Ratings Key



★★★★
= Excellent. The best the genre has to offer.
★★★
1/2 = Very Good. Perhaps not "perfect," but undoubtedly a must-see.
★★★ = Good. Accomplishes what it sets out to do and does it well.
★★1/2 = Fair. Clearly flawed and nothing spectacular, but competently made. OK entertainment.
★★ = Mediocre. Either highly uneven or by-the-numbers and uninspired.
1/2 = Bad. Very little to recommend.
= Very Bad. An absolute chore to sit through.
NO STARS! = Abysmal. Unwatchable dreck that isn't even bad-movie amusing.
SBIG = So Bad It's Good. Technically awful movies with massive entertainment value.

Saturday, August 27, 2011

Los pasajeros (1975)

... aka: Passengers, The
... aka: Travelers, The

Directed by:
José Antonio Barrero


One of the harder-to-come-by titles on the Paul Naschy filmography, this was never officially released in America or any other English-speaking country... and it's easy to see why! This is a bizarre, confusing 'art-house' effort of very limited appeal. Thankfully, I was able to at least get a copy complete with fan-made subtitles so I could at least try to play along. The quality of the print was pretty terrible though and appears to have come from a television broadcast. Two young male hitchhikers; the outgoing and free-wheeling Carlos (Rex Martín) and the more sensitive, serious and pensive Luis (Luis Greco), are walking down a stretch of barren country road when they run across a brassy, middle-aged female hitcher named Veronica (Aurora Bautista). After sharing a bottle of booze, all three are picked up by Henry ("Henry Gregor" / Heinrich Starhemberg), a very stern-looking and apparently also very-wealthy man in a silver Rolls Royce. Once night falls, the man offers the three room and board at his home and the three agree to the arrangement. Once there, they discover that Henry is just a chauffeur, butler and servant to Mr. Aquenatos (Naschy); an intelligent, eccentric (to put it mildly!) and quite possibly mad chap who likes to change identities with the same frequency he changes clothes. He's first seen as a King, then as a Nazi, Napoleon, Genghis Khan and other historic figures throughout the film.






All three of Aquenatos' guests decide to stay on for dinner and a movie (with Veronica a bit leery of his attempts to seduce her) and are then asked by their host if they'd like to live there and work on a stage play he's developing. Despite his and the butler's odd behavior, the three agree. The guys are even allowed to have a couple of female friends; Isabel (Loreta Tovar) and Maria (Eva León), over to stay. Aquenatos sets up a stage in the backyard and the gang get to work, but something's not quite right. As it turns out, there's one identity Aquenatos isn't too blatant about and that's his true identity... and he finds no need to look silly running around in a cape, red tights and plastic horns. Or brandishing a pitchfork, for that matter. His motivation is simple. He wants their souls. Henry wants to spill their blood to "remedy that wind of rebellion," but Aquenatos decides that "It'd be better to keep them prisoners of their appetites and desires." Yes, the dialogue is that pretentious and there's tons of it. Unfortunately for the guests, the show doesn't go on for most of them when Henry decides to have it his way and start butchering them.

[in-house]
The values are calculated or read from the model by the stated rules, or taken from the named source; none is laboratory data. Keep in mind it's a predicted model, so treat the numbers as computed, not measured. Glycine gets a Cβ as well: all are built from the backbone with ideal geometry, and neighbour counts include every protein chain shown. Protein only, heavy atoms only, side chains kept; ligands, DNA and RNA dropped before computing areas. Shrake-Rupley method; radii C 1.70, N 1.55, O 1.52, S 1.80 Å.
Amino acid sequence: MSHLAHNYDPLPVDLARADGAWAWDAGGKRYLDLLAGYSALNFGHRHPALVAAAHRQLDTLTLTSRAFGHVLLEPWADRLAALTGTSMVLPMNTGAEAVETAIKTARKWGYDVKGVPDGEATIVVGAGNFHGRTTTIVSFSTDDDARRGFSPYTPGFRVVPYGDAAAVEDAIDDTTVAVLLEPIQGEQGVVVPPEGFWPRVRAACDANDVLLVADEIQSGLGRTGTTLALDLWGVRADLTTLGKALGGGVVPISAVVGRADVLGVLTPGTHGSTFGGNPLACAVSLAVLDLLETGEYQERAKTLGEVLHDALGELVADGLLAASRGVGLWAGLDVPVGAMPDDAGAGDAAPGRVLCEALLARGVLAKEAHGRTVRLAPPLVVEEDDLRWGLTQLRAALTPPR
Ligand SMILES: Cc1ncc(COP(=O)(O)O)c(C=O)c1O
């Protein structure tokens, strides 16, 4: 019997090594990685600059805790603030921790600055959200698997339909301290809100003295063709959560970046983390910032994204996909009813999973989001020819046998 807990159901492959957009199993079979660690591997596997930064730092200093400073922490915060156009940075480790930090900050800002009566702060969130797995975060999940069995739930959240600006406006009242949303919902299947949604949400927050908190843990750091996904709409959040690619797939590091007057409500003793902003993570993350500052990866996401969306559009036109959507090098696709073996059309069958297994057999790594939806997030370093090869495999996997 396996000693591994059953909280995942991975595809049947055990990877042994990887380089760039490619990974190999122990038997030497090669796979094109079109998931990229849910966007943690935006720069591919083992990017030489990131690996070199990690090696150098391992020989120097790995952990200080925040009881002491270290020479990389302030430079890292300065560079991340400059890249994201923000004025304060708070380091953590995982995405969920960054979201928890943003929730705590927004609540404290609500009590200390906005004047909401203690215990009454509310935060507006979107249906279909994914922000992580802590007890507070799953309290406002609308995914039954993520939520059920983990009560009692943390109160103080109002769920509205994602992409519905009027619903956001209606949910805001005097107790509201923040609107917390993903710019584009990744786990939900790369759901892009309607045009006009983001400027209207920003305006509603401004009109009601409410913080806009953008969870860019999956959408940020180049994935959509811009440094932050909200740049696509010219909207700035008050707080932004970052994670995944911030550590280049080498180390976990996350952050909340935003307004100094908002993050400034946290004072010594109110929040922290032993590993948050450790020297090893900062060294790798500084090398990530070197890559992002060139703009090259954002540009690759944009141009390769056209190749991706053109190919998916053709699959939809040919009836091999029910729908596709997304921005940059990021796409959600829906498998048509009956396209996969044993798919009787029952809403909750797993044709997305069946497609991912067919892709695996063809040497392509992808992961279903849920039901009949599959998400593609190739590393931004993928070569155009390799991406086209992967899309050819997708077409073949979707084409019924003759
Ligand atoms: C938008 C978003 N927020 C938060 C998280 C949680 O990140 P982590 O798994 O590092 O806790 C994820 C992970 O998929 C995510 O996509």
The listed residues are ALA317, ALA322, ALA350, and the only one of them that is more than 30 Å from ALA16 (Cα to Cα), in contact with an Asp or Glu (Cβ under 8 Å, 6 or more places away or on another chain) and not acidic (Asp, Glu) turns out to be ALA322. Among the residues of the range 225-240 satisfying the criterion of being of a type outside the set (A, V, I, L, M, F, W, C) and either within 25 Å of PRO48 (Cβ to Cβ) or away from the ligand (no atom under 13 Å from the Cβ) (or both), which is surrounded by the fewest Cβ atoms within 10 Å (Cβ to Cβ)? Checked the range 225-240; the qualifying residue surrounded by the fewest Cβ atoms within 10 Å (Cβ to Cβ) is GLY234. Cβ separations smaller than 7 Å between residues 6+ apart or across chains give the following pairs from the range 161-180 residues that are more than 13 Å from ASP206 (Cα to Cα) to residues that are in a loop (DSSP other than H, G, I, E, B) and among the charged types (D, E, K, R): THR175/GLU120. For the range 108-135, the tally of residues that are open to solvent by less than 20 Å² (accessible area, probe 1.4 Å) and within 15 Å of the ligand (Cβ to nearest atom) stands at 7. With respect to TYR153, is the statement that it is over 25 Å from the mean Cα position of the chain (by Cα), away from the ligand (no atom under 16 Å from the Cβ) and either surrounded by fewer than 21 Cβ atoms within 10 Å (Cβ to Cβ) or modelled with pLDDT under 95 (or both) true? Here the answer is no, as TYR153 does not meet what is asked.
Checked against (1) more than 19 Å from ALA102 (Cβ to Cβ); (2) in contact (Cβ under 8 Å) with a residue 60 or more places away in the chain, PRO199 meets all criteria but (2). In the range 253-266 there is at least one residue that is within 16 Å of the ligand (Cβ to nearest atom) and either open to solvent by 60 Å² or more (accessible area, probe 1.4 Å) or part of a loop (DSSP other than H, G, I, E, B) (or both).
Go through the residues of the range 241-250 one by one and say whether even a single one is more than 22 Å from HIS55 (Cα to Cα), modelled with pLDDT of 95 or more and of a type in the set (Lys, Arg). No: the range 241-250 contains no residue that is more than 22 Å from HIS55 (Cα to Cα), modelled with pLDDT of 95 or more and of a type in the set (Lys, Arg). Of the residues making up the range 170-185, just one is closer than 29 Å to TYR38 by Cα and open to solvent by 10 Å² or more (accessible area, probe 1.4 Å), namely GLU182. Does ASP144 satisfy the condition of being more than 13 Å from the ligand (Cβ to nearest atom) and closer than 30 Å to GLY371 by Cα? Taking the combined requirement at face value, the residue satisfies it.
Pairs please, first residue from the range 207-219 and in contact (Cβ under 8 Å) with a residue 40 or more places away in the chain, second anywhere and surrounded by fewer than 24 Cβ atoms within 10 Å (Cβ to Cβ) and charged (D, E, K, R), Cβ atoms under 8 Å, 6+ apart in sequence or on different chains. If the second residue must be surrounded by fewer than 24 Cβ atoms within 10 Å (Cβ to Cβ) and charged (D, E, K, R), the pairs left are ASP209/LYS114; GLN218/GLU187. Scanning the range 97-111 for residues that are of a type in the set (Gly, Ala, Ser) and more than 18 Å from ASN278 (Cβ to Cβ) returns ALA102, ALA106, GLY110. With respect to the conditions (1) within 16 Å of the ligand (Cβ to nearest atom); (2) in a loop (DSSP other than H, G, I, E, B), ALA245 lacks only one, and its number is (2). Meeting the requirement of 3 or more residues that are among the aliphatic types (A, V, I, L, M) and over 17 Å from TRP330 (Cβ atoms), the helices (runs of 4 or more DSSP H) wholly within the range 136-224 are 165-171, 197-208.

Naschy has a fun and interesting enough role here, but the film is completely stolen by co-star / producer Starhemberg, his hilariously bizarre (though fitting) facial expressions, his stiff upright shuffling around the estate and his overall demented character. The very tall actor (who passed away in 1997) was an honest-to-goodness real-life prince; whose family fled to Latin America from Austria while WWII was in full effect and the Nazis were invading their country. He ended up appearing in (and sometimes financially backing) over a half-dozen horror films while there, including four for director Leon Klimovsky; THE DRACULA SAGA (1972), DEATH OF A HOODLUM (1975; which also featured Naschy), TRAUMA (1977) and THREE DAYS IN NOVEMBER (1978). Needless to say, it's quite amusing seeing someone of royal lineage running around groping women and watching people have sex, stabbing others to death and doing other vicious and perverted things with his eyes looking like they're about ready to pop out of his head. After he murders one of the ladies, he carries her to the backyard and begins making love to her body while it burns on a pile of leaves of branches. In another crazy scene, a matador (!) breaks down outside the home, asks to come in for water, gets on the stage, strips completely naked and then is chased around the yard by the turned-on butler. That ends up being just be a dream. Or is that a fantasy?






Director Barrero and his crew also don't play by the usual rules in presenting this strange material. The cinematography (by Francisco Sanchez) is interesting right from the opening credits, with several nice shots doing a 360 degree spin. There are lots of close-ups of paintings and eyeballs, and the camera often tilts, turns or spins during the strangest times. There are also several very long shots where the camera is stationary for minutes at a time. During an unbroken take that lasts at least three minutes, we get to see Naschy and Starhemberg gorge themselves on chicken and wine without uttering a word to one another. There's another of these super-long takes when Naschy uses a brush to color his eyebrows and sideburns, try on numerous fake beards and then apply eye-liner.


I'm not really sure what to make of all this (there's even a crudely animated segment of a hunter shooting a rhinocerus at one point!), but it sure was interesting to watch. It's also interesting to theorize what it all means. Or what these people were on when they came up with this. But, as usual, I like to leave that up to you to decide.

★★1/2

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